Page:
President Trump listens to FDA Commissioner Stephen Hahn speaking at a press briefing on the Covid-19 pandemic with members of the Coronavirus Task Force at the White House in Washington on March 19, 2020. Photo by Yuri Gripas/Abaca/Sipa USA(Sipa via AP Images)

Drug­mak­er re­thinks its de­ci­sion to dou­ble price of a gener­ic af­ter Trump calls it a coro­n­avirus life­saver — re­ports

Af­ter Pres­i­dent Trump on Thurs­day im­plied a decades-old malar­ia drug was sanc­tioned by the FDA to fight the new coro­n­avirus, re­ports emerged that late last year the drug’s mak­er dou­bled the price of the com­pound, but has now re­stored the orig­i­nal price tag as the virus en­velops much of the globe.

Made by New Jer­sey-based Ris­ing Phar­ma­ceu­ti­cals — the drug, called chloro­quine phos­phate — saw a hike of rough­ly 98% to $7.66 for a 250 mg tablet, STAT and the Fi­nan­cial Times re­port­ed, cit­ing da­ta from re­search and pub­lish­ing firm El­se­vi­er.

As FDA com­mis­sion­er Stephen Hahn was forced to clar­i­fy that the drug was still be­ing eval­u­at­ed for use against coro­n­avirus on Thurs­day, the com­pa­ny sug­gest­ed the price hike came months ahead of the out­break snow­balled in­to a pan­dem­ic, and be­fore re­searchers be­gan to spec­u­late it might help in­fect­ed pa­tients.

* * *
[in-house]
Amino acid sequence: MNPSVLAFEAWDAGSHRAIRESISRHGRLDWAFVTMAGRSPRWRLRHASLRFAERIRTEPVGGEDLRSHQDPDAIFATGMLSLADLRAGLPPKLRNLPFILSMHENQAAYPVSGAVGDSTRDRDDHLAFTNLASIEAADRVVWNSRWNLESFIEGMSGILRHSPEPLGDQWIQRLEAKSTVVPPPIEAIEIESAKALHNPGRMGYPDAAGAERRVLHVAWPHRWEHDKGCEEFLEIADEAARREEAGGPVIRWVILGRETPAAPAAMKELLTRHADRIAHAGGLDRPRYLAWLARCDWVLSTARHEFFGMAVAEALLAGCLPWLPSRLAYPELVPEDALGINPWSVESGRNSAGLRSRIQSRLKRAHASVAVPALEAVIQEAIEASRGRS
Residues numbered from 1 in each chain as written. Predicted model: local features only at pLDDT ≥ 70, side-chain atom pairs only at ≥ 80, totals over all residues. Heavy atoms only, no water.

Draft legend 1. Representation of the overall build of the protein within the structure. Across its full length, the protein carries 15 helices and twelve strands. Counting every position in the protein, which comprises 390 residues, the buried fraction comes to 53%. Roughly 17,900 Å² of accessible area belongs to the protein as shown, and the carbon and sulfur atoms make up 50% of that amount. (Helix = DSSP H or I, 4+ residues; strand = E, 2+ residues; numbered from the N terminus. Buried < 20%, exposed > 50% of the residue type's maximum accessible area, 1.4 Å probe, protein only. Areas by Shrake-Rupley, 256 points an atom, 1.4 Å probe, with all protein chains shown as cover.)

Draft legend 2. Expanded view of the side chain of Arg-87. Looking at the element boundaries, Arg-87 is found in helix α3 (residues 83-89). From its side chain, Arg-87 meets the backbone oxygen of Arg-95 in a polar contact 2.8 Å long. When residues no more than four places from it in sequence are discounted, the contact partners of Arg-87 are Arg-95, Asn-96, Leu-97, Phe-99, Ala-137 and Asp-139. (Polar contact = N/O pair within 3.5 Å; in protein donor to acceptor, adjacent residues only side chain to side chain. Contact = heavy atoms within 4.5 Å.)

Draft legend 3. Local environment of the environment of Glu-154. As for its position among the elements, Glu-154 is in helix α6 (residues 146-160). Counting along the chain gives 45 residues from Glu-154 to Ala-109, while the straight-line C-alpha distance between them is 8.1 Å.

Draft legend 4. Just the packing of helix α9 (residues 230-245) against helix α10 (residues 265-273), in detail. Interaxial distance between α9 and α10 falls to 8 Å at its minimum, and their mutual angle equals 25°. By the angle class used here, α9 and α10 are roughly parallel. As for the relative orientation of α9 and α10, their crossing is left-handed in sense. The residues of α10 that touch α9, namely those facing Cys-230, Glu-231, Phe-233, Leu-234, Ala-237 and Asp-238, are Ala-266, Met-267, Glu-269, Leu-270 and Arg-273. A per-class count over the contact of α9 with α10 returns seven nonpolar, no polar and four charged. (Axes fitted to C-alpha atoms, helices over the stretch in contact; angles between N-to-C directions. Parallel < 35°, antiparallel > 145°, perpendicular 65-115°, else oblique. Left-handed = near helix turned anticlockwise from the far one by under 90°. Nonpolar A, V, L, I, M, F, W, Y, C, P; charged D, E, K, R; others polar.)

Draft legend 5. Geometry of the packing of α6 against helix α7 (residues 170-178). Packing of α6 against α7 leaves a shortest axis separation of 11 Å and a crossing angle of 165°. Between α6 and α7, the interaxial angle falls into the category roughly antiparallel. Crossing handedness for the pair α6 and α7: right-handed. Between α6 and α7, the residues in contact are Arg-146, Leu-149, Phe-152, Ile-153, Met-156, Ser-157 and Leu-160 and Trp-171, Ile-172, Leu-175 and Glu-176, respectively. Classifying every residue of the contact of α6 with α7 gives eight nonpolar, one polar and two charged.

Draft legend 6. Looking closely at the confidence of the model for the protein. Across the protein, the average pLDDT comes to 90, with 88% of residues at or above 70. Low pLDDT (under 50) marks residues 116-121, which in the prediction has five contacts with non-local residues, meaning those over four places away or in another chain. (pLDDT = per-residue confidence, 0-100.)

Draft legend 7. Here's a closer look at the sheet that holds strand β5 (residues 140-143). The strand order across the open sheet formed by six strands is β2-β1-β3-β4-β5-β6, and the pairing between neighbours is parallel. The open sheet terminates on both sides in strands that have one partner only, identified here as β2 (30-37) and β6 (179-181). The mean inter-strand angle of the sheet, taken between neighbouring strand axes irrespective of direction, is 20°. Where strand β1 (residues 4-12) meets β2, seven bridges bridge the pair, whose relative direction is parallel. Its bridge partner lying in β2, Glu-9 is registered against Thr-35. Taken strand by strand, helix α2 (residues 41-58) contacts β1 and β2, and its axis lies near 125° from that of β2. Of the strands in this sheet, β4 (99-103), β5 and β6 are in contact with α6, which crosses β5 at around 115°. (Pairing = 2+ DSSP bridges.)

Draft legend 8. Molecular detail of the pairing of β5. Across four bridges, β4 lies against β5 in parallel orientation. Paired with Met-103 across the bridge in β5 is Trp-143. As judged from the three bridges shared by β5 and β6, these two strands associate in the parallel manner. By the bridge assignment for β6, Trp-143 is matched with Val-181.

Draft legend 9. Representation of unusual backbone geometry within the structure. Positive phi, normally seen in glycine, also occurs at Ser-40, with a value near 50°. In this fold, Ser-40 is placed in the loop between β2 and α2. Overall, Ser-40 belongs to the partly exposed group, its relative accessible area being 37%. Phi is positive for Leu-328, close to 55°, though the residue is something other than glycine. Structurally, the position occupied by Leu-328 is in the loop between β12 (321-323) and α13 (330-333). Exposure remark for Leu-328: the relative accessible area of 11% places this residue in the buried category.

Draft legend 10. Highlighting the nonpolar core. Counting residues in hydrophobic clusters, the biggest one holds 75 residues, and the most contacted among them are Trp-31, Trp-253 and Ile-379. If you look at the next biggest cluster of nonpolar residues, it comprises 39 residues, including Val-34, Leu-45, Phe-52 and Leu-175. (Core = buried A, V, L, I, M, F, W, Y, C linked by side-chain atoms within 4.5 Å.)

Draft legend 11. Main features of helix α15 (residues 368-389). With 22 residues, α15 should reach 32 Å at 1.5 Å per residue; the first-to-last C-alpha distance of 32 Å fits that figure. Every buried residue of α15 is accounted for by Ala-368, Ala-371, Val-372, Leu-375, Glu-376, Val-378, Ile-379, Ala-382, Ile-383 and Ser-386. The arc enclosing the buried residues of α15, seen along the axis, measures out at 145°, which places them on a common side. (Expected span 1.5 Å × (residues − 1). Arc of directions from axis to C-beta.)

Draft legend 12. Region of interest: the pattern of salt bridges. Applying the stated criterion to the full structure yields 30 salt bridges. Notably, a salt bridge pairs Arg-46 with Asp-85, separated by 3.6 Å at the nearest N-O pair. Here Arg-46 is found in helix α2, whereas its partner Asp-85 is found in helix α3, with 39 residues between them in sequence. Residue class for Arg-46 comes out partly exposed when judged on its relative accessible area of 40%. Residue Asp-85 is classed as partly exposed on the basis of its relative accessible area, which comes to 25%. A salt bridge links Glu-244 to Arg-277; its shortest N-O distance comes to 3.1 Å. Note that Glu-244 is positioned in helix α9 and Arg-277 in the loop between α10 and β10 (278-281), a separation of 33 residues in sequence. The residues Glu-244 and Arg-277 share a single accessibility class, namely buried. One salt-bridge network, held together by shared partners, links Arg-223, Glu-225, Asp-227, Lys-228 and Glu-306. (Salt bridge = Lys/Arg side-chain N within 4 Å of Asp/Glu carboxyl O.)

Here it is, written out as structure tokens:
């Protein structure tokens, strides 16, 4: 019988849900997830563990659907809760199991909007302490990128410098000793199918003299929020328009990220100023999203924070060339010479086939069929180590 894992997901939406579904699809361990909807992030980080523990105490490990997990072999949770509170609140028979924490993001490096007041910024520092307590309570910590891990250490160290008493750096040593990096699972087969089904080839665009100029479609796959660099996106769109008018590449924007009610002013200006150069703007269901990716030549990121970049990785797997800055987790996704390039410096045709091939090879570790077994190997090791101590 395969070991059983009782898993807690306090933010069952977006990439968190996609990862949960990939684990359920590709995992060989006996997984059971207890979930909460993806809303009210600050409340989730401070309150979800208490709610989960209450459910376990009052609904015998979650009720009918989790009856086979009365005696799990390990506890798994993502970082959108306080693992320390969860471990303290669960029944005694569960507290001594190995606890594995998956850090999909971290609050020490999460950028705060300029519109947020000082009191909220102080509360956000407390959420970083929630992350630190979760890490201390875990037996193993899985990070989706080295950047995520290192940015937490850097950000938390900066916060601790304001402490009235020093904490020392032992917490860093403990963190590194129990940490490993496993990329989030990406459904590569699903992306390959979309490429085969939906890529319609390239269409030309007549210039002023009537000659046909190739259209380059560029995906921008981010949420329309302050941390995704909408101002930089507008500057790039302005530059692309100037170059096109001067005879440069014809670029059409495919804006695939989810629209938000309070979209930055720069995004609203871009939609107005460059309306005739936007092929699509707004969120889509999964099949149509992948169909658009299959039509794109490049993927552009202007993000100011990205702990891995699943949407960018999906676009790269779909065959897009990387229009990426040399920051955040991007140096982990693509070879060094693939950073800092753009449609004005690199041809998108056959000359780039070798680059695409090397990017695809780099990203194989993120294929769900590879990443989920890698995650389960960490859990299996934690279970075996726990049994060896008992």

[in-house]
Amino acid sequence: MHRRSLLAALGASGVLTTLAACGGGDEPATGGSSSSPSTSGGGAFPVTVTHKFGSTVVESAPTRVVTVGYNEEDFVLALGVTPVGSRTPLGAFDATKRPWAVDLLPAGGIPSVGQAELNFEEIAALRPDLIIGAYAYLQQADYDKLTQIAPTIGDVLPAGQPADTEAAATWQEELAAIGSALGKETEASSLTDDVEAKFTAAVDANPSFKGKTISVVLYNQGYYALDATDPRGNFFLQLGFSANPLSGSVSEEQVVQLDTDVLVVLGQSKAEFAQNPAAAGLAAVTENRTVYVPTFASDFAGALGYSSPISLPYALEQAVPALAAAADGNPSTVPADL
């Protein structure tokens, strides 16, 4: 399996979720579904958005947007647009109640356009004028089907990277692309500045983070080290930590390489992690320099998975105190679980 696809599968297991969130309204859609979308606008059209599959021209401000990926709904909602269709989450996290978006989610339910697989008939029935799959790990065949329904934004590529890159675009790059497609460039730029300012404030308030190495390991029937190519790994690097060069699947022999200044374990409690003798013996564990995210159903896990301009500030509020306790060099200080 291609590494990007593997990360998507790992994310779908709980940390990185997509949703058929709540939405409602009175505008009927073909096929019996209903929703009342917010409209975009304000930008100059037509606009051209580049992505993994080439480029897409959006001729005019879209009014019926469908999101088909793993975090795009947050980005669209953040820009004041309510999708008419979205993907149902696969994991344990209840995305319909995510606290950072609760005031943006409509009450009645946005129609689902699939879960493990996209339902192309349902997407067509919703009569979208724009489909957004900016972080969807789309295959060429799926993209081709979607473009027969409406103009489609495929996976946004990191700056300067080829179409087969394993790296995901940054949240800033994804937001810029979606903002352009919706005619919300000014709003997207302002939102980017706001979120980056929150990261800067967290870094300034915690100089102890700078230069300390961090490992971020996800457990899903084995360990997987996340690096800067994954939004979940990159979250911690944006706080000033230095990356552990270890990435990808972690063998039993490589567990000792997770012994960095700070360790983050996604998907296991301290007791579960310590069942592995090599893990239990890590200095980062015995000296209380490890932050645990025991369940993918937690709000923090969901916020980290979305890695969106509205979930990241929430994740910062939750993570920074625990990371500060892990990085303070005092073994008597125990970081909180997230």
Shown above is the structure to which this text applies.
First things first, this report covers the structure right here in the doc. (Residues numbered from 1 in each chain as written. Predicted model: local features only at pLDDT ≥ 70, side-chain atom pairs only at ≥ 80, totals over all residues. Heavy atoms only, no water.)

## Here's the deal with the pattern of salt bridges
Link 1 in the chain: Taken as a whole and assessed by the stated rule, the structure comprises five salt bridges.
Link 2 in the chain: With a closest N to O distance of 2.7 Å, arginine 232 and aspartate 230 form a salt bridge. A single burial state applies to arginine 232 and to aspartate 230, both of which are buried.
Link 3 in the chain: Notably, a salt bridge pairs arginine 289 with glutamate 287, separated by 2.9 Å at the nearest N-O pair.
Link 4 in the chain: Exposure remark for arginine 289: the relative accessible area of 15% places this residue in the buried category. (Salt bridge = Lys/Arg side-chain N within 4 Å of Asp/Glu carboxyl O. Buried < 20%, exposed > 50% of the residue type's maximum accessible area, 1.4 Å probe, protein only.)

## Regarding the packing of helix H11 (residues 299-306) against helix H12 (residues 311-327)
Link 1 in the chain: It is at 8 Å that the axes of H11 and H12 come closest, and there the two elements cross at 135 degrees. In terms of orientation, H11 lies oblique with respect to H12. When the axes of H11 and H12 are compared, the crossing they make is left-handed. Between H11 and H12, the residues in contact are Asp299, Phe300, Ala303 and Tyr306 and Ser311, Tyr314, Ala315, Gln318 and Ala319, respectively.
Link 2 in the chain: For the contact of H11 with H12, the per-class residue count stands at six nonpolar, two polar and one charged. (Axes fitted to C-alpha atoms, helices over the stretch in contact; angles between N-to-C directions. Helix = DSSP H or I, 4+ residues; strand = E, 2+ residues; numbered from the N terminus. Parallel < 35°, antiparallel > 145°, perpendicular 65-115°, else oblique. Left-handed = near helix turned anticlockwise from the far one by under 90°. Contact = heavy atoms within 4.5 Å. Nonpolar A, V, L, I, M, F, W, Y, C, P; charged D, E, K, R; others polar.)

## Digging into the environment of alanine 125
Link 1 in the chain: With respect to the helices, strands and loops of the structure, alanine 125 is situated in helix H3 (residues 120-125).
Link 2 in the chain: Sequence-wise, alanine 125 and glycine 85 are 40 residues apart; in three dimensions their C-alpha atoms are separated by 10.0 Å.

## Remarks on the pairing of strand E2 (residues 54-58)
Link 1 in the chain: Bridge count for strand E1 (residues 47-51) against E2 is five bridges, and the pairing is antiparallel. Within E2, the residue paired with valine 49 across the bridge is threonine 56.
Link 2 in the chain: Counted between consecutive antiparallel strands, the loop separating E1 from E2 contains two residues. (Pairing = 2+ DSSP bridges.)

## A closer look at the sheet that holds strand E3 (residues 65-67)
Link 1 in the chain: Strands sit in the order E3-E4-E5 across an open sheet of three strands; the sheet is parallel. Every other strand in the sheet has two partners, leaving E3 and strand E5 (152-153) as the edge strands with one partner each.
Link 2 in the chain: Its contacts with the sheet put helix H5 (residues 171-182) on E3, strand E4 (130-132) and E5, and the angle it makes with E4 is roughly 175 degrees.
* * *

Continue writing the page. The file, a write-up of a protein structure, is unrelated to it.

The com­pa­ny — which in De­cem­ber agreed to pay a fine of more than $3 mil­lion af­ter be­ing charged with con­spir­ing to fix prices for a gener­ic hy­per­ten­sion drug — has re­vert­ed back to chloro­quine phos­phate’s orig­i­nal price set in 2015.

“As soon as we saw the in­crease in de­mand and the po­ten­tial that this was go­ing to be uti­lized in the way some folks are pro­ject­ing it to be, we re­scind­ed that price in­crease to the same price it has been on the mar­ket for since 2015,” an ex­ec­u­tive told the FT.

Al­though the drug is be­ing used as part of com­pas­sion­ate use pro­grams in some coun­tries, there is no de­fin­i­tive ev­i­dence sug­gest­ing it helps pa­tients in­fect­ed with the new coro­n­avirus, al­though even Tes­la founder Elon Musk — who has pre­vi­ous­ly sug­gest­ed the “dan­ger of pan­ic” still far ex­ceeds the dan­ger of coro­n­avirus — has tak­en no­tice of its promise.